The Motley News

The Phone to Nowhere: Swedish Frustration Stage

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There is a phone, next to our bathroom, that has puzzled me for the first month living here. It doesn’t have buttons or a dial tone.


The Phone in Question

I’ve checked it a few times and marveled over its uselessness, wondering what kind of game our apartment building was playing with us. After a month, it dawned on me that the phone could be a way to buzz down to the front door of our building. I haven’t tested the theory, but I’m certain that’s what it has to be. In short, the phone is a metaphor for all of the tiny Swedish bullshit that I should just know.

I realize that I don’t know every tiny culture difference. I realize that it’s pissing me off. Like the phone situation, I feel like Sweden constantly playing with me. This is commonly known as the Frustration Stage of Culture Shock.

Culture Shock Diagram_1_0.png

World Relief Durham lists my stage as the “Rejection Phase”

Noah and I felt the Honeymoon Phase for the first two weeks of living here. Which wasn’t a surprise, because that’s about how long most of our vacations last. Two years ago, we spent a couple of weeks in both Helsinki and Tallinn, just enough time for us to bask in European charm, fall in love with each city’s quirks, all that shit. Last year, we spent nearly a month in Ireland and were ready to cast everything aside to become sheep herders.

This time it’s different. We live here now. The time for enjoying the European sidewalks and quiet parks is taking a backseat to the many mounting frustrations that plague me daily. Just so I can bitch about this and then let it go, I’m going to write a list of things that I’m struggling with. Understand that Noah and I knew that the Frustration Stage was coming; we tried to prepare for it as best as we could. We know that we’ll get over this, look back, and laugh at how rough it was. . . but I need a good whinge right now.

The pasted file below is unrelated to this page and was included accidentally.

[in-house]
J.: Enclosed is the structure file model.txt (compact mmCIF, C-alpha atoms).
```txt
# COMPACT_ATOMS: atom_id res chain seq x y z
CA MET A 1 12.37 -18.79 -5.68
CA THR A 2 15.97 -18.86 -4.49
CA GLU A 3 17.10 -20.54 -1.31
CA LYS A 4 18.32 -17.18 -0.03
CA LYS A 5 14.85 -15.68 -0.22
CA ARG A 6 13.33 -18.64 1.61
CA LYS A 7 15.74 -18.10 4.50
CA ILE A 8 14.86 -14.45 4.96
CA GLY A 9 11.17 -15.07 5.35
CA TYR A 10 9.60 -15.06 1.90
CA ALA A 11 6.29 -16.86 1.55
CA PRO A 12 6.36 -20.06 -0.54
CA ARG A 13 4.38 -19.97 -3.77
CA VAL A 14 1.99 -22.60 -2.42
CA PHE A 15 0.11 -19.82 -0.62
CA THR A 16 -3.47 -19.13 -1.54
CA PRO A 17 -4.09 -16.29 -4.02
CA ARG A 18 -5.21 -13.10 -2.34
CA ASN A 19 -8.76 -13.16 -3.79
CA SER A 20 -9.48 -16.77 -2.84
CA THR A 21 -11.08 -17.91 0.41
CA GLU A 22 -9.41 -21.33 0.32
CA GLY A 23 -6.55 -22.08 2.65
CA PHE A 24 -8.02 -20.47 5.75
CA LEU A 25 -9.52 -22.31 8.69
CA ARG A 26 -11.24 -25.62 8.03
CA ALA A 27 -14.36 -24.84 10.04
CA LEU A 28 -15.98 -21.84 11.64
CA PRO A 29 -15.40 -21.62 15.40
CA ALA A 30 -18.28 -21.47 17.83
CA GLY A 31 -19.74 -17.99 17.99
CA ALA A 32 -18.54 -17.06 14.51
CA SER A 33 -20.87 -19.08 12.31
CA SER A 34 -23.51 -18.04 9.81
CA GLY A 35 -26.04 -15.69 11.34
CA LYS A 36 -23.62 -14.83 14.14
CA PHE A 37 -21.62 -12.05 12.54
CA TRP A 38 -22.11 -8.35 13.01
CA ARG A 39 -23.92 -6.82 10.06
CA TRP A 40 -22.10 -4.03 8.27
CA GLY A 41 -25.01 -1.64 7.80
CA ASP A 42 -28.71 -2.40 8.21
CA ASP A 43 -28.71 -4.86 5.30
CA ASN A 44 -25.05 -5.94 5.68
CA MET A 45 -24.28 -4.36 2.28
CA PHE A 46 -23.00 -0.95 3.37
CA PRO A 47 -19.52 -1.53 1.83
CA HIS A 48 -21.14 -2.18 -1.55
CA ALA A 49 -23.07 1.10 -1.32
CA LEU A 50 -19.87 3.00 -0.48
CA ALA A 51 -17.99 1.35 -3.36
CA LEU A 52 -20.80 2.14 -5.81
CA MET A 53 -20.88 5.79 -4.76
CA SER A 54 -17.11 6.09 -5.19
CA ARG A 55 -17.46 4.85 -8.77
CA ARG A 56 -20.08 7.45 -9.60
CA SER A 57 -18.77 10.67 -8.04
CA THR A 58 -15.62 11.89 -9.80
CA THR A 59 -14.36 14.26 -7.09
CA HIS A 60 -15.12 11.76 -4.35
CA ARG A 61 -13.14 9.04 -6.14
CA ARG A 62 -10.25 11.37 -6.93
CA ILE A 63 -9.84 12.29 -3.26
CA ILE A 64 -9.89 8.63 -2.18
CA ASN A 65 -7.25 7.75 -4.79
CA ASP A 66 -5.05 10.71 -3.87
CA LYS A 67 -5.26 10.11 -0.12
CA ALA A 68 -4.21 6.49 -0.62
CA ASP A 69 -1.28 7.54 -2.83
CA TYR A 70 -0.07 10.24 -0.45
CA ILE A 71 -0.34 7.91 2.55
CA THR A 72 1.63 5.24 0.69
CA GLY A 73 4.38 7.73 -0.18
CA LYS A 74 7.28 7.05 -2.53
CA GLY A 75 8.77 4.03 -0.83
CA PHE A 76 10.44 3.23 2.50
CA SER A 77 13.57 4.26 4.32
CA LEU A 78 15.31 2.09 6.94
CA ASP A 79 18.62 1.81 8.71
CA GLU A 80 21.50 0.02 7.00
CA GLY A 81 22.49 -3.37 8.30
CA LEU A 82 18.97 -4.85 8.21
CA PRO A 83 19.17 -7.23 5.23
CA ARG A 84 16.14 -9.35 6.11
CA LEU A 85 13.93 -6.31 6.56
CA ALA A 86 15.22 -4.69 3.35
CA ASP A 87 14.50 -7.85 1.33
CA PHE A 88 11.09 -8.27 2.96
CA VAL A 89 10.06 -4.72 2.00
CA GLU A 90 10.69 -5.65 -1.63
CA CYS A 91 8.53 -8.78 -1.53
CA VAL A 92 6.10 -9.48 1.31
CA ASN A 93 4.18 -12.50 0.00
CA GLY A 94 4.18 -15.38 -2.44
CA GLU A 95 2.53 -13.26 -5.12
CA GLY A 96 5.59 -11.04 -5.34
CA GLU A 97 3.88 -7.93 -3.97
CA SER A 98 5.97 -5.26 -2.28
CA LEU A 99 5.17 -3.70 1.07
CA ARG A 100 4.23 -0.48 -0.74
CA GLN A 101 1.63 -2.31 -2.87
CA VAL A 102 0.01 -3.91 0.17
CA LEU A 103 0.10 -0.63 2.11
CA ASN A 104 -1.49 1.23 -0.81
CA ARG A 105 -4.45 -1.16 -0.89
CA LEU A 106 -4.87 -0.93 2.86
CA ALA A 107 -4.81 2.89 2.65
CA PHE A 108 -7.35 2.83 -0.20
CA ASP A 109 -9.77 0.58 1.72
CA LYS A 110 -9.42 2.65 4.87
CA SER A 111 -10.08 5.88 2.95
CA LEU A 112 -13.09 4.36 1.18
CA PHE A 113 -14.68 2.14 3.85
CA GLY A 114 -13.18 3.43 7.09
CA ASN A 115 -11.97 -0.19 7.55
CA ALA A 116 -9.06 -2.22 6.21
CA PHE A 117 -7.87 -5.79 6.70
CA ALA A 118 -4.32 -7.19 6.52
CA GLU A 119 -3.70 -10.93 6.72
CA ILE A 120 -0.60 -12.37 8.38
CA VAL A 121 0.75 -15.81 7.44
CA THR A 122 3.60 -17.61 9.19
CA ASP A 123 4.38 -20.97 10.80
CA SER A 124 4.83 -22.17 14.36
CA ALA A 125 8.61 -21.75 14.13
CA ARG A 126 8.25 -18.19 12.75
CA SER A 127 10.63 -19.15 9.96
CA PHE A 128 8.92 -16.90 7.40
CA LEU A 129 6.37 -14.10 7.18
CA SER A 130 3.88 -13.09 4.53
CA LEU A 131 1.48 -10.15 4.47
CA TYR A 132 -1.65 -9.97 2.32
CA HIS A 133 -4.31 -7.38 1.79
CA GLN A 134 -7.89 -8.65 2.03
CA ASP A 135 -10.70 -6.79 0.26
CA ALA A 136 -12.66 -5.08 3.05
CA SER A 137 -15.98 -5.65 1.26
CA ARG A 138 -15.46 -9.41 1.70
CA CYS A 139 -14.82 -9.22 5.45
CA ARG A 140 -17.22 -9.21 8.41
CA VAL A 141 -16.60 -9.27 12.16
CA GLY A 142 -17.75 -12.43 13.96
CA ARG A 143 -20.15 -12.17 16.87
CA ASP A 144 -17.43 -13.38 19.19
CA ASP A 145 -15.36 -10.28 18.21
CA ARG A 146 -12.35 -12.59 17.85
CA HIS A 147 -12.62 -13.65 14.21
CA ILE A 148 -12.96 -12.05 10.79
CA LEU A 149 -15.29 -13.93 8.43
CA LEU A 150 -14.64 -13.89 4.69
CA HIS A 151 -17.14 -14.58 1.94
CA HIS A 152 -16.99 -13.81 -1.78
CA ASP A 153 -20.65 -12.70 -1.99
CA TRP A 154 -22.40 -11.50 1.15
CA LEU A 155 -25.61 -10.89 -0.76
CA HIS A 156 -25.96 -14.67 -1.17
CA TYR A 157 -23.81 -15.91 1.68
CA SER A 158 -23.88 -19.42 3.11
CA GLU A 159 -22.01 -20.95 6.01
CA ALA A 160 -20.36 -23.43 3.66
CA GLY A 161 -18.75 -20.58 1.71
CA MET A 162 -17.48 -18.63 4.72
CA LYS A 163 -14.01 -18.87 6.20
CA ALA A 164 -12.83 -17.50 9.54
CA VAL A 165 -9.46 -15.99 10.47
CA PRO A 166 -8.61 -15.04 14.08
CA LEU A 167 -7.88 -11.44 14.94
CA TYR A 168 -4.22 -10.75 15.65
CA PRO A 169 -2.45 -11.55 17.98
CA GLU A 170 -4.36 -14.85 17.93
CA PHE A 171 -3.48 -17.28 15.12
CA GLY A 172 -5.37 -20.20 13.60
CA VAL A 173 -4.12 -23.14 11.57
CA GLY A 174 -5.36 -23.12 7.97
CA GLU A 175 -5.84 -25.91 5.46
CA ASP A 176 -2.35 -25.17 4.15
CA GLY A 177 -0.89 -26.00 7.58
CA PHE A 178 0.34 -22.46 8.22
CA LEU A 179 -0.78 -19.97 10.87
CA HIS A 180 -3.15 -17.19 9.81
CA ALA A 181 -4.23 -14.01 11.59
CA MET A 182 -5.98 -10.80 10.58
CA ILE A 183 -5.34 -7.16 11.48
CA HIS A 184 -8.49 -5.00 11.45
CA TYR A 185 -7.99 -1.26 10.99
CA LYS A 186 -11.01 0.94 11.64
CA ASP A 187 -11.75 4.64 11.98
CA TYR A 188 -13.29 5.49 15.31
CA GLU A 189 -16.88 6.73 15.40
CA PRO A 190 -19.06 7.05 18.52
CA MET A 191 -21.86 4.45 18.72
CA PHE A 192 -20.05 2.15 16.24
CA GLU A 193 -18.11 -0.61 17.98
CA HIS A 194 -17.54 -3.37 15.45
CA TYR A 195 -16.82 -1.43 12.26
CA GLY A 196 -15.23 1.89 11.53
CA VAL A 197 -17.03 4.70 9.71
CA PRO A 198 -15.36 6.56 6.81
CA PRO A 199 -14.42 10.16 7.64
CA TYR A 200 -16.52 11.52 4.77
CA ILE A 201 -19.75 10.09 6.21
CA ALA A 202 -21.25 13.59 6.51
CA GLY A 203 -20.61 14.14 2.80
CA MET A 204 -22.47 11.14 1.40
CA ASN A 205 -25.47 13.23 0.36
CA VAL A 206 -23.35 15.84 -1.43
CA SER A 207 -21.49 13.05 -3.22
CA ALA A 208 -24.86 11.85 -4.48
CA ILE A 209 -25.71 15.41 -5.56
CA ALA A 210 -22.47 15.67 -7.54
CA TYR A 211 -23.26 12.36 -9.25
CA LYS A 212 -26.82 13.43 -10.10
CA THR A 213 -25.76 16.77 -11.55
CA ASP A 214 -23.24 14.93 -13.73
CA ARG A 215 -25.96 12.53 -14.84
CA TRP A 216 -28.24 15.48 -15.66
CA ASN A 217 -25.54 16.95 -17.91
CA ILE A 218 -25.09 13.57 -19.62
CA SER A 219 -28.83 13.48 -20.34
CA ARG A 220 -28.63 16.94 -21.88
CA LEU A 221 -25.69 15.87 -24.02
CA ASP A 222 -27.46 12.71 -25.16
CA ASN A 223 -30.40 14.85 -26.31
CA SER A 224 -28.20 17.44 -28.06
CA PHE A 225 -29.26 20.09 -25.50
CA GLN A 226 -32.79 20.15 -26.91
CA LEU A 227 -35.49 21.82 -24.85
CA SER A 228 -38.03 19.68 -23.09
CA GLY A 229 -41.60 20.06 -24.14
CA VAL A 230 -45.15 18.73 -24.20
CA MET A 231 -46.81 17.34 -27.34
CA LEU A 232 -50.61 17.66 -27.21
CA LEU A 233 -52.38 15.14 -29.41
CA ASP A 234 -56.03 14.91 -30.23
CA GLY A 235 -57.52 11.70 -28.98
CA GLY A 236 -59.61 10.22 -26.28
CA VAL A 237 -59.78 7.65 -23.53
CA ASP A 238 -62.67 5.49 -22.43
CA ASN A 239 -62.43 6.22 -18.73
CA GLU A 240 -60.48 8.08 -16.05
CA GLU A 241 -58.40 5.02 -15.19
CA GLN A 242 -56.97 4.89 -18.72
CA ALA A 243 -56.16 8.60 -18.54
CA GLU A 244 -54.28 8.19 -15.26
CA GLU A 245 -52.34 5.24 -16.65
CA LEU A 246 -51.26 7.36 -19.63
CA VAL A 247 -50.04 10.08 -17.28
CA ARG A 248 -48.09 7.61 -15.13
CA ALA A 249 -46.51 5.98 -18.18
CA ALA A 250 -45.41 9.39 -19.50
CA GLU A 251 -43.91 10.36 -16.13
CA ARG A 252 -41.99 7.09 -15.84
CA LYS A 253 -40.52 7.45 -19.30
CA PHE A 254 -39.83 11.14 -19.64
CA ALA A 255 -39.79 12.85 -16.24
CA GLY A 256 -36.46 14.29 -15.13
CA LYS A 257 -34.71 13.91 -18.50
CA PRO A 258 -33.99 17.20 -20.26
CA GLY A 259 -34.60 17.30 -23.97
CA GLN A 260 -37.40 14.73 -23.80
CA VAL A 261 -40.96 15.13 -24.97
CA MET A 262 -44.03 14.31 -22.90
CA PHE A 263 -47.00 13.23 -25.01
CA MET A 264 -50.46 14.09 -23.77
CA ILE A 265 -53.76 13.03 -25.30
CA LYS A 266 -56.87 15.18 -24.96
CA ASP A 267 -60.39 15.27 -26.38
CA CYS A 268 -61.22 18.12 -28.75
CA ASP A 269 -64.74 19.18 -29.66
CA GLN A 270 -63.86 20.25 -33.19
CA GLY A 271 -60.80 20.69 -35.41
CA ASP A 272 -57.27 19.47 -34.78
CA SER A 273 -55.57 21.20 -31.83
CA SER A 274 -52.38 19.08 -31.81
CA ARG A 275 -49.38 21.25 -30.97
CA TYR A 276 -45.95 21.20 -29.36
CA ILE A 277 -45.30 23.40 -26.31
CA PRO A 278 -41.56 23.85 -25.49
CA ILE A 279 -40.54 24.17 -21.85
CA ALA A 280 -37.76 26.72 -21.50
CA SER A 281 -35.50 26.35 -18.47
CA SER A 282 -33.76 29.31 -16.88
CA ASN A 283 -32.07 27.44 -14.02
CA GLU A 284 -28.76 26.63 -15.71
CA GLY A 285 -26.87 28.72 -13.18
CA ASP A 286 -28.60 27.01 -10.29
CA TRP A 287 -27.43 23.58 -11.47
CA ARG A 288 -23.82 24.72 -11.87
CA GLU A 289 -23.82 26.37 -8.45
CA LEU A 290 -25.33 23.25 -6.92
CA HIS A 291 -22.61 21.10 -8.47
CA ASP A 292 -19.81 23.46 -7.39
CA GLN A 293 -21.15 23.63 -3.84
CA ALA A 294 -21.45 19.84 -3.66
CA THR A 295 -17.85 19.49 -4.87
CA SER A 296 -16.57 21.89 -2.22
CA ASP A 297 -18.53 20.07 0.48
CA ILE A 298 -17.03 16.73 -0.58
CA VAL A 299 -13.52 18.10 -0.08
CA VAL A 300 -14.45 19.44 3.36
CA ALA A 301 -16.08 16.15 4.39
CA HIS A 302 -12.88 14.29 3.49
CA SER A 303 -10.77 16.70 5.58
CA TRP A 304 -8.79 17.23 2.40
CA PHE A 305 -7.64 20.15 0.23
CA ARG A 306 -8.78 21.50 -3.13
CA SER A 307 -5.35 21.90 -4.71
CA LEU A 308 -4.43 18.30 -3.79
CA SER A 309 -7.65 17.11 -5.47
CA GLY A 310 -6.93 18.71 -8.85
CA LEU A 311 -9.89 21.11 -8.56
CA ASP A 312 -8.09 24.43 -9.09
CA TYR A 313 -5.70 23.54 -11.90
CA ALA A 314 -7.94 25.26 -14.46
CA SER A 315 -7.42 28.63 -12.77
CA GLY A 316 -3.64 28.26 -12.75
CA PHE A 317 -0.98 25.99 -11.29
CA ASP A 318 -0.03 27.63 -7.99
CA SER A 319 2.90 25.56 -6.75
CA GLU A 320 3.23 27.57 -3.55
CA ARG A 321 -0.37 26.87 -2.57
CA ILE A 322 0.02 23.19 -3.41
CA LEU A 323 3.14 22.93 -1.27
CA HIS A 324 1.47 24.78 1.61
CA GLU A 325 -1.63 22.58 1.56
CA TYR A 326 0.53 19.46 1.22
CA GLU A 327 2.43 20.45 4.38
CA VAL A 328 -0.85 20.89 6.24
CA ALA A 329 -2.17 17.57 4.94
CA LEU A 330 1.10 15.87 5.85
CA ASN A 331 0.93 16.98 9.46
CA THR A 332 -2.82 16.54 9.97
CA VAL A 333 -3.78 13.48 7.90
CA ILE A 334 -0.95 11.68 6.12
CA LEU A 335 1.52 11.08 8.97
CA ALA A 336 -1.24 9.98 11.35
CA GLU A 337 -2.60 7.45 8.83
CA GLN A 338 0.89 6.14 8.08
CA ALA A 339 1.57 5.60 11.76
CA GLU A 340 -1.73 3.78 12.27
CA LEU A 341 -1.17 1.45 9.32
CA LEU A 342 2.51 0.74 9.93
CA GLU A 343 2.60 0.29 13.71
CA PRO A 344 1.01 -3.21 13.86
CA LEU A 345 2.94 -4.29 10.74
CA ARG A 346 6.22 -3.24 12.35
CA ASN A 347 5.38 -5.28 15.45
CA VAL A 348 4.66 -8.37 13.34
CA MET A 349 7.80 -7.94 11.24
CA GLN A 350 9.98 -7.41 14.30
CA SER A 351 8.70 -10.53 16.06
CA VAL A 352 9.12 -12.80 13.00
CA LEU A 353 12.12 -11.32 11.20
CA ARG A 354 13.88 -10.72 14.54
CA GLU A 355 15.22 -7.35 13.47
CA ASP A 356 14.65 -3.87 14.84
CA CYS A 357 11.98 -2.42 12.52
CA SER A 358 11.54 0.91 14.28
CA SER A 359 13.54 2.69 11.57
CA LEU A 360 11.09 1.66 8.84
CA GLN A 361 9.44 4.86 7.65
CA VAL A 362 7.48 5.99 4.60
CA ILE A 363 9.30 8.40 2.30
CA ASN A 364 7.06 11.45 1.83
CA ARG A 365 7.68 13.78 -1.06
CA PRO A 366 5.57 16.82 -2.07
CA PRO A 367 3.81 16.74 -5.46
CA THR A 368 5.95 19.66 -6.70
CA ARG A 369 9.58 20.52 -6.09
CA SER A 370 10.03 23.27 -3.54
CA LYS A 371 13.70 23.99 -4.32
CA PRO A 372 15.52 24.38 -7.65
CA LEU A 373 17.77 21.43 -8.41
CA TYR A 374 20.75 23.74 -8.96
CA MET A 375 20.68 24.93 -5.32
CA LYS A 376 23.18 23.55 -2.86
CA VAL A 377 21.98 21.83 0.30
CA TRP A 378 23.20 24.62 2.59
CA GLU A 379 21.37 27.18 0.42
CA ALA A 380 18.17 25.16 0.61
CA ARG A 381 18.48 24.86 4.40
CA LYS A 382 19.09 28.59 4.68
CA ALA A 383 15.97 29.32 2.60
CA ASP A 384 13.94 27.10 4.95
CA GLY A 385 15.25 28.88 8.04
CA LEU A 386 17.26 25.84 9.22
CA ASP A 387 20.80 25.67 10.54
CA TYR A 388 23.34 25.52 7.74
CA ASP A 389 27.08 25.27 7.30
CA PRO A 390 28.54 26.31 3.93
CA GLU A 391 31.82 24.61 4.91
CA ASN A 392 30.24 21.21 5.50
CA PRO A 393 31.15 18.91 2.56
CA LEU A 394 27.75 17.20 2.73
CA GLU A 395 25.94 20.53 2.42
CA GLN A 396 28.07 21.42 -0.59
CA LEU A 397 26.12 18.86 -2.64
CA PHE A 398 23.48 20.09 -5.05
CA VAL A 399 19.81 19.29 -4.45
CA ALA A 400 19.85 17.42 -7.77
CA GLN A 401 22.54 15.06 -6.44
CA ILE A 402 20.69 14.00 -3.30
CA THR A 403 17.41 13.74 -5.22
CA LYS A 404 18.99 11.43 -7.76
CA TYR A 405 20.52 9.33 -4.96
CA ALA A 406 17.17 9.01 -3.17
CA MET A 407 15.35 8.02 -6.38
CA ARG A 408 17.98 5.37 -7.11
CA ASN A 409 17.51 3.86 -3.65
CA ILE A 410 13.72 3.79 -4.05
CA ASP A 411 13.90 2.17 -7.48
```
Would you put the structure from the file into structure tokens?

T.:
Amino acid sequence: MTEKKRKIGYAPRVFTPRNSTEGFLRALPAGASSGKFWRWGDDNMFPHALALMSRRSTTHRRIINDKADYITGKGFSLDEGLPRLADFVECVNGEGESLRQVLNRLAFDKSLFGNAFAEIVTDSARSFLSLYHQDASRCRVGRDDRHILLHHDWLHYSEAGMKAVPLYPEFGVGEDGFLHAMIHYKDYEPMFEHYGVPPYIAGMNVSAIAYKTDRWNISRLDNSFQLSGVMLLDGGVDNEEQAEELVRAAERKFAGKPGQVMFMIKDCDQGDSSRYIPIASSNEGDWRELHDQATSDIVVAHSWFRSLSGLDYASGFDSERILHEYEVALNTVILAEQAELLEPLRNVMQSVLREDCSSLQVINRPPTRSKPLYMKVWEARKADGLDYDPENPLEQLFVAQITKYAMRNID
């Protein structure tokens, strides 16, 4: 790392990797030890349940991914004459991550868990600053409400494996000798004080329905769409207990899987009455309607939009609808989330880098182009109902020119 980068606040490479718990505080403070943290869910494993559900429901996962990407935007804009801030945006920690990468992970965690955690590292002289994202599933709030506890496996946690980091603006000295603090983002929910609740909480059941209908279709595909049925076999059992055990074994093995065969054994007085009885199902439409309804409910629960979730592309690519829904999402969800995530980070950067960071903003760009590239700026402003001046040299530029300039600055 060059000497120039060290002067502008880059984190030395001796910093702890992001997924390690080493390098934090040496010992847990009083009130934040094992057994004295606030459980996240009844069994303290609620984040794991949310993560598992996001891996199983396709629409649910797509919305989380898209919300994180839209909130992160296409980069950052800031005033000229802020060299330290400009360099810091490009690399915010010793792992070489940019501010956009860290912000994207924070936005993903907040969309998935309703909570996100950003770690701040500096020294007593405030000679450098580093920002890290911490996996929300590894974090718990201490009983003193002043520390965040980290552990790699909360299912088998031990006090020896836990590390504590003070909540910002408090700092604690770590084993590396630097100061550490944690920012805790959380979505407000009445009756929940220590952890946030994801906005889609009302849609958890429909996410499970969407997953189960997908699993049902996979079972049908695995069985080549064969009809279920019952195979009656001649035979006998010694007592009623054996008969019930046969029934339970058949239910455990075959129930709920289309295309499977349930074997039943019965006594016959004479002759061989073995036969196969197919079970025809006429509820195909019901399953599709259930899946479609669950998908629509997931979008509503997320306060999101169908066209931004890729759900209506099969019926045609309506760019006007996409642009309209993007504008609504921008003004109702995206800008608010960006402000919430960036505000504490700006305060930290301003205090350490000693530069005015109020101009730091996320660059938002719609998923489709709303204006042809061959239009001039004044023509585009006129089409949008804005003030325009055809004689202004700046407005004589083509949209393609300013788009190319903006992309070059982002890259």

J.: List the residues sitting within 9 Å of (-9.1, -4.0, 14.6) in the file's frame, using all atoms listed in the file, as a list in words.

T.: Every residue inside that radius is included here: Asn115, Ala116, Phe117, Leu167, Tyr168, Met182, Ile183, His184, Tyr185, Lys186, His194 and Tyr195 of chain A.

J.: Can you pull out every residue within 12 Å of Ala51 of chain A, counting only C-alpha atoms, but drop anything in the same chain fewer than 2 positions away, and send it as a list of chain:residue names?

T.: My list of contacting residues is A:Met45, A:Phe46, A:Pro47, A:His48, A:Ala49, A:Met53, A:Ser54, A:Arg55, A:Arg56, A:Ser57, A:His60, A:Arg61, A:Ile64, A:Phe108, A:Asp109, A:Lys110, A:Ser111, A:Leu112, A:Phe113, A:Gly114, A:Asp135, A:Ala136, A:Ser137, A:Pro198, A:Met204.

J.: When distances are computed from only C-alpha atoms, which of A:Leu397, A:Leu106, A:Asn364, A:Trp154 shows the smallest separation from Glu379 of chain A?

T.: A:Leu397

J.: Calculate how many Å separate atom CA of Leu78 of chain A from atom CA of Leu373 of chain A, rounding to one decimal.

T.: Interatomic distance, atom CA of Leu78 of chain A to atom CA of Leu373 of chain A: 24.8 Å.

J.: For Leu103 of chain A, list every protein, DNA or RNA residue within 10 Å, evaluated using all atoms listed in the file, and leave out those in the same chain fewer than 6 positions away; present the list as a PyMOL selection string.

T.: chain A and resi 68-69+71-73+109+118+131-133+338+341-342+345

• Being recognized as an actual person in Sweden: I don’t think I fully understood the importance of the personnummer before coming here. It’s the Swedish social security number and you need it FOR EVERYTHING. What’s more, you really need a personnummer to get a Swedish ID card. Here are the simple steps in order to secure your own Swedish personnummer:
    • Go to the Immigration office to get your biometrics recorded. Photo, fingerprints, and signature (it obviously helps to have work permits like we did).
    • Wait about two weeks to receive a Permanent Resident Card.
    • Take your Permanent Resident Card to your local tax office, fill out an application for your p.nummer.
    • Wait about a month to receive your number in the mail (you’re not done yet)!
    • Book an appointment apply for a Swedish ID card (pay $40 in advance).
    • Return to your local tax office with p.nummer and payment receipt in hand
    • Wait about two weeks for a mail notification to return to your local tax office to pick up Swedish ID card!


(Note: Noah and I are extremely lucky that this process has not taken as long as the average immigrant. We have had help from a relocation office. We also know that in the current U.S. political climate, we have absolutely nothing to complain about.)